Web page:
Irish Papist

Irish Papist
Me and General Robert Lee

Wednesday, April 19, 2017

Time for Poetry in Irish

Like most people, I rarely keep my New Year's Resolutions, but this year I did keep one; I resolved to read Irish language material rather than English language material, and I've kept it so far. (It allowed of exceptions.)

I'm one of those people who always "have a book on the go", (though I'm not a fast reader, nor am I especially well-read). I don't consider myself a "voracious reader", since I don't really enjoy reading for much more than half an hour at a time. So my resolution was that my "books on the go" would all be in the Irish language-- though that didn't mean I couldn't read books in English for some special reason.

Most recently, I've been reading an Irish language book about psychotherapy, which is heavy going, even though it's written for laymen. I found the stuff about Jungian psychology especially interesting. Still, it's a real trudge, and I don't look forward to opening it.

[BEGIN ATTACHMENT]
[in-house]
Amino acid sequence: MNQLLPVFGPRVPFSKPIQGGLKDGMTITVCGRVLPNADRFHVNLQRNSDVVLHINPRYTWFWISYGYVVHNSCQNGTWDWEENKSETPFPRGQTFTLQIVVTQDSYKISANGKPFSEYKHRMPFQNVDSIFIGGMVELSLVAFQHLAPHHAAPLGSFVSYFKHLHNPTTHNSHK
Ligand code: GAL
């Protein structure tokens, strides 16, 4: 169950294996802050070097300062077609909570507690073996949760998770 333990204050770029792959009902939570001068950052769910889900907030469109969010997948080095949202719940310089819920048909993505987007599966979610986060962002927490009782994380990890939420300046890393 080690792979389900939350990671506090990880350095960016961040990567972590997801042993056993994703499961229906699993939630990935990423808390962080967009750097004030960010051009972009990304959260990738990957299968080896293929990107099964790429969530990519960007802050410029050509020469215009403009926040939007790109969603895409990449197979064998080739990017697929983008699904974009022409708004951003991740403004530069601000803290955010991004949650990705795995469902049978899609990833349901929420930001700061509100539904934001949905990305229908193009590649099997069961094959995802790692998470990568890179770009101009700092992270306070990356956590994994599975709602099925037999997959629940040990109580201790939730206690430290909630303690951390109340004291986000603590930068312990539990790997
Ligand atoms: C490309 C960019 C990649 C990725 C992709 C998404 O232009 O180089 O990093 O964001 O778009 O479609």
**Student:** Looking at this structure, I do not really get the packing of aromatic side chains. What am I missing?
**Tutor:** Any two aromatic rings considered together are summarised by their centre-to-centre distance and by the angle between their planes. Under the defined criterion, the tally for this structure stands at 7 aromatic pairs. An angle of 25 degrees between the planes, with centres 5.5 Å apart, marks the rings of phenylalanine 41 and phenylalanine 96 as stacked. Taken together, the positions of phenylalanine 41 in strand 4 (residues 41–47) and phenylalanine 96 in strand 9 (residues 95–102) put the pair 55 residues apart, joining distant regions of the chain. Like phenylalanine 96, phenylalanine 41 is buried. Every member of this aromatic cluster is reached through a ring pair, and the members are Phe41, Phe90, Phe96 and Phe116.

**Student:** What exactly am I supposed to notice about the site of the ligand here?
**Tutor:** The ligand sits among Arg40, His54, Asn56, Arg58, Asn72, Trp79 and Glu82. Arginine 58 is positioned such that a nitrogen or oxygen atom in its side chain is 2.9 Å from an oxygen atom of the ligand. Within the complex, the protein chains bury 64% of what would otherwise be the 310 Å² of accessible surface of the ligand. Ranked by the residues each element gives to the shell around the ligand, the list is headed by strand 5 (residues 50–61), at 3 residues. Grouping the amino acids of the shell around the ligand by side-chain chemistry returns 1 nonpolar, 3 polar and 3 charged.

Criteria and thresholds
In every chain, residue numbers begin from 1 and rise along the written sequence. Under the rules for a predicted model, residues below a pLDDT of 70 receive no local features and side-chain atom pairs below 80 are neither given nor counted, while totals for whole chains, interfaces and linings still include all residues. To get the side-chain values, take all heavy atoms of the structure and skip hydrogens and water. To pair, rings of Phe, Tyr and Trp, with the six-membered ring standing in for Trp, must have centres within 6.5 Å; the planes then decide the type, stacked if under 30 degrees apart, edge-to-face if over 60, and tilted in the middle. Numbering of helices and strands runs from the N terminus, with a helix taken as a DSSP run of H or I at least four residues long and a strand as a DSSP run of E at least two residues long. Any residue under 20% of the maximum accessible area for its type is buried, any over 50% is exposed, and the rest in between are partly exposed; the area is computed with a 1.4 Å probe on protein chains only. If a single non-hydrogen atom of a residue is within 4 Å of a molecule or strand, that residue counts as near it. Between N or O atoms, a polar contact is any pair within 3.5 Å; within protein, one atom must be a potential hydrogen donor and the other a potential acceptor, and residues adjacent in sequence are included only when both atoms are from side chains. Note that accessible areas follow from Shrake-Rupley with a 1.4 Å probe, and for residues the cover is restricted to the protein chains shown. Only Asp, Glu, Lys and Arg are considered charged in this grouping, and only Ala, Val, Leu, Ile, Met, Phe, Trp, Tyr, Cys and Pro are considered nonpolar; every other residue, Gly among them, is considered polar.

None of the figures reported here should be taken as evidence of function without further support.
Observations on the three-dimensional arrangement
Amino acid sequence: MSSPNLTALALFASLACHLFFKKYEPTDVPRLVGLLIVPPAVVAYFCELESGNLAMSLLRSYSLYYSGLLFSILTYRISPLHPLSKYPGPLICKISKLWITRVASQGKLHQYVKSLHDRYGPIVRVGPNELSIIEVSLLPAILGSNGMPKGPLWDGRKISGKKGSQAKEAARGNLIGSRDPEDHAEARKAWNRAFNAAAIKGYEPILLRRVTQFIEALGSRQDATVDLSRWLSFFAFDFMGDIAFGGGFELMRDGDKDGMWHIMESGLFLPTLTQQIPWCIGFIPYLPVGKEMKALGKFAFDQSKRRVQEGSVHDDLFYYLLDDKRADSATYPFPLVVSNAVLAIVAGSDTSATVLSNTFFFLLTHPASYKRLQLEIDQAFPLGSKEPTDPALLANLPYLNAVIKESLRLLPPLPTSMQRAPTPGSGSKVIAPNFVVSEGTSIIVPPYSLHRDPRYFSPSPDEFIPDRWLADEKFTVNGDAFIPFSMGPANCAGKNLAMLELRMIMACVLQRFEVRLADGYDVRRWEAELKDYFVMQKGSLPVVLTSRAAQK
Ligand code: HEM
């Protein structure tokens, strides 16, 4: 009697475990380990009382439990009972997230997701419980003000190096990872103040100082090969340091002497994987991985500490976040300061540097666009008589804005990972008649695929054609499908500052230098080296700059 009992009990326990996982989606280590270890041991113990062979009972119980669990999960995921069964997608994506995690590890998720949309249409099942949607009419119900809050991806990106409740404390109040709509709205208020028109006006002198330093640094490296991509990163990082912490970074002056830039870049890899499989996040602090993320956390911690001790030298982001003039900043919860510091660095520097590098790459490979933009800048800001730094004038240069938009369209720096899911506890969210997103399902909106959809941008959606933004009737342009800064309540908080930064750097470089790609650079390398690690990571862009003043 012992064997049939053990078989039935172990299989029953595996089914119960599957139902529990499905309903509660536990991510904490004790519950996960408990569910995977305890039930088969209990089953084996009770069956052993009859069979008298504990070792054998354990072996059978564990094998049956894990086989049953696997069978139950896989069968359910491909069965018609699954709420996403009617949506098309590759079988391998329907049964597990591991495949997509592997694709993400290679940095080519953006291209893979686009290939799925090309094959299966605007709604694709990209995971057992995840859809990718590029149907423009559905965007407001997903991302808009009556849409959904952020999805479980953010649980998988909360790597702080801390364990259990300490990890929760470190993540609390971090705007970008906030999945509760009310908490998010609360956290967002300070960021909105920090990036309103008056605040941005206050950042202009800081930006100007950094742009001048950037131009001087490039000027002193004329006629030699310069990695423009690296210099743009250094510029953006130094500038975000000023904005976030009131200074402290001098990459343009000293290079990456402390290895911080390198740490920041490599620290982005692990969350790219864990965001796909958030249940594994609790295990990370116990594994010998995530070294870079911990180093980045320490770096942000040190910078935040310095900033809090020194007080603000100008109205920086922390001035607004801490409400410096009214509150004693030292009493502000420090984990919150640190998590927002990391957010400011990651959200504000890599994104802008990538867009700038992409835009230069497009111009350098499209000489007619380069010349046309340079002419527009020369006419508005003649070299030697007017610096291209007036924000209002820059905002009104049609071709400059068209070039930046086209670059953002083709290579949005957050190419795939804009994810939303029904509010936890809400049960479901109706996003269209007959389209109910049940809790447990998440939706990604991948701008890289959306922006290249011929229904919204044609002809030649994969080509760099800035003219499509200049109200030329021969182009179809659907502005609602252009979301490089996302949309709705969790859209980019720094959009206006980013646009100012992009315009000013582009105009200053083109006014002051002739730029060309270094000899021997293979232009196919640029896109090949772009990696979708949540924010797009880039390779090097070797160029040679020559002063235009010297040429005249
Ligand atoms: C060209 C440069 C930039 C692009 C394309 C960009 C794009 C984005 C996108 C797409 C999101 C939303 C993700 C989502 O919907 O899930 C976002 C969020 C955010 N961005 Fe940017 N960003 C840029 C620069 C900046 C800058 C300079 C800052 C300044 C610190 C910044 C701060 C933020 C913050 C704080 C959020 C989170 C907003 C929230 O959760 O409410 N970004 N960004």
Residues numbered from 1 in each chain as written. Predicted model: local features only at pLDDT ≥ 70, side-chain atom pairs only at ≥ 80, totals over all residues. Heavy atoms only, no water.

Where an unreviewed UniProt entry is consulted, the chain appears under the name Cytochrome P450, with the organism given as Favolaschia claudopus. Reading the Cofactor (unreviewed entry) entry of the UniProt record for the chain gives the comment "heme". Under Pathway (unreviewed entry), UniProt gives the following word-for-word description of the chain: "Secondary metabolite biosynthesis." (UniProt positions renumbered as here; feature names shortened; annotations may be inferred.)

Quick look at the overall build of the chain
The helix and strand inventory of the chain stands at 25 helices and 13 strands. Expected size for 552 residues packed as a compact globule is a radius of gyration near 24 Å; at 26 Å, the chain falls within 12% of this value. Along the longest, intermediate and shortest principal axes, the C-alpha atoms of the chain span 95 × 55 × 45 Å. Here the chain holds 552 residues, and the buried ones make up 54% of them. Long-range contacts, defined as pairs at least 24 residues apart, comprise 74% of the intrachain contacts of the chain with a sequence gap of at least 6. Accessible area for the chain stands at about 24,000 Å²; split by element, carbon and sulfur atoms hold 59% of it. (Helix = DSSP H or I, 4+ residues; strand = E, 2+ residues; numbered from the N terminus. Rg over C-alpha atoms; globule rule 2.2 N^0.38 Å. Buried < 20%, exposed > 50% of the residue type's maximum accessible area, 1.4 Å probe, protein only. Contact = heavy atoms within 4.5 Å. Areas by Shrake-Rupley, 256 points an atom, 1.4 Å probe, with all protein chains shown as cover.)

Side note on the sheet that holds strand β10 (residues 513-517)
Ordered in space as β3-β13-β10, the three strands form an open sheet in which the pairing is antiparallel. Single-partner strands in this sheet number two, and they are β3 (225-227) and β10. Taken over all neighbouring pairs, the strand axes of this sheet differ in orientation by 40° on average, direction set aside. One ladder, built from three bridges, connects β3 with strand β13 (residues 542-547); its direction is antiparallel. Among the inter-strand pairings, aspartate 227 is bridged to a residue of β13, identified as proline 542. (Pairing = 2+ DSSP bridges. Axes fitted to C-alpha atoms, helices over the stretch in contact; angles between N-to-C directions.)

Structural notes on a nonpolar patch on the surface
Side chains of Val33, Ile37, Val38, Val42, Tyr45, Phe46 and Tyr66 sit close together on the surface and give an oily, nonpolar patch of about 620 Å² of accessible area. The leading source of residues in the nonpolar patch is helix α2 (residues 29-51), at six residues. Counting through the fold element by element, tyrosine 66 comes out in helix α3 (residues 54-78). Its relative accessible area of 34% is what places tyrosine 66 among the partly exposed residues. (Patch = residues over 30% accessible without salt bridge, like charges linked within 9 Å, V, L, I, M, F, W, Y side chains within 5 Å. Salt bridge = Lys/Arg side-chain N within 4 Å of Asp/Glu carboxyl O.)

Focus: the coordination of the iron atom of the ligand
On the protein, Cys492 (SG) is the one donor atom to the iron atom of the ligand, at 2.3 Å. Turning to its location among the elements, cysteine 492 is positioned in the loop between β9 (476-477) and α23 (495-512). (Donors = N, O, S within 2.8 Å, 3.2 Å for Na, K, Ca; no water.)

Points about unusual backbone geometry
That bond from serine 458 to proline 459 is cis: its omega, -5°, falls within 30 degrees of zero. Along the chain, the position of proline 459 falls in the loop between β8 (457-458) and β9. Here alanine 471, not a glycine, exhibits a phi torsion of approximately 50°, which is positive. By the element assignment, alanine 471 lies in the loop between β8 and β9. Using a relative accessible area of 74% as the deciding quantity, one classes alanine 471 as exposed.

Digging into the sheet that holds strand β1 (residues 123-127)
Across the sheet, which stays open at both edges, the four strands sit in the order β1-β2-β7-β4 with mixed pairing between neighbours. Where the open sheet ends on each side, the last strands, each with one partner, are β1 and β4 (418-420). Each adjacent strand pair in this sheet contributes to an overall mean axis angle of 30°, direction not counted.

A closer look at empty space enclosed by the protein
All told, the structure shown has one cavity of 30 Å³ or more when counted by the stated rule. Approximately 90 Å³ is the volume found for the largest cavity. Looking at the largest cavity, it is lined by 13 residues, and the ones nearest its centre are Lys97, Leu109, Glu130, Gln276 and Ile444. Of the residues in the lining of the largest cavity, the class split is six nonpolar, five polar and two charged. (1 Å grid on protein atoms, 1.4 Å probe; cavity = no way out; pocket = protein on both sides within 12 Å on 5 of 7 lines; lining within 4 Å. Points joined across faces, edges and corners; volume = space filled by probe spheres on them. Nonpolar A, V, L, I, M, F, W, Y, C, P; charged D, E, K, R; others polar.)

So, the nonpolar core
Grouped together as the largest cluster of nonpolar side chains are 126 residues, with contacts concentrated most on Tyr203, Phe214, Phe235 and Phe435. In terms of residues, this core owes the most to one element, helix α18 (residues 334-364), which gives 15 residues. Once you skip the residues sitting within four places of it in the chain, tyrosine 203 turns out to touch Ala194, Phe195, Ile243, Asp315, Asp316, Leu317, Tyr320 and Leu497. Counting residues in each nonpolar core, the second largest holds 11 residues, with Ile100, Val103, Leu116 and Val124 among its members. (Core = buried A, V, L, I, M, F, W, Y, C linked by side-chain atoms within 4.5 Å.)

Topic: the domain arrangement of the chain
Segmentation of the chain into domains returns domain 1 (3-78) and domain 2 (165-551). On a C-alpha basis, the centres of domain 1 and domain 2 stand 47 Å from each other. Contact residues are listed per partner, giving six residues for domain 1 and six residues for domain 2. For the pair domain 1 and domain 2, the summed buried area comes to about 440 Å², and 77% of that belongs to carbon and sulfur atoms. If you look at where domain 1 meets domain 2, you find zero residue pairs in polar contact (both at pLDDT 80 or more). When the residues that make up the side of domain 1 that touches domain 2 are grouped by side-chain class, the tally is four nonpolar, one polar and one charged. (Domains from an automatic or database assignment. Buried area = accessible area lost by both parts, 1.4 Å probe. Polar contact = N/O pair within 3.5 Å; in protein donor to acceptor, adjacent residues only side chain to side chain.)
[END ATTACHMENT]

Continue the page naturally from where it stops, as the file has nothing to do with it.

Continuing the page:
I've completely ignored the Irish language poetry shelves thus far. It's rather irritated me, actually, that there is so much poetry in Irish, as compared to other books in Irish. When I came to poems in journals, I skipped them.

I have a theory that appreciating poetry requires such an awareness of nuance, association, and all the aspects of language that lie outside the dictionary definition, that it's almost impossible to appreciate poetry in any language unless you're extremely fluent in it. Poetry is what gets lost in translation...I absolutely believe that.

Also, I've really struggled to understand poetry in Irish, even simple poetry-- because poets use language in an idiosyncratic and often oblique way, often resorting to unusual syntax.

But this afternoon, I suddenly decided...now I'm ready to read Irish poetry. And I felt excited at all the volumes of Irish language poetry on the shelves, a whole new world.

As I was saying in a previous post, I'm fascinated by those inner processes, which are mysterious even to ourselves, whereby we make such decisions.

The idea of a whole new field for exploration is also something that entrances me. One of my favourite lines of poetry, from one of my favourite poems ever, is this line from Tennyson's Ulysses: 'Tis not too late to seek a newer world. The human need for new horizons seems to be inexhaustible. Even for a conservative like me.

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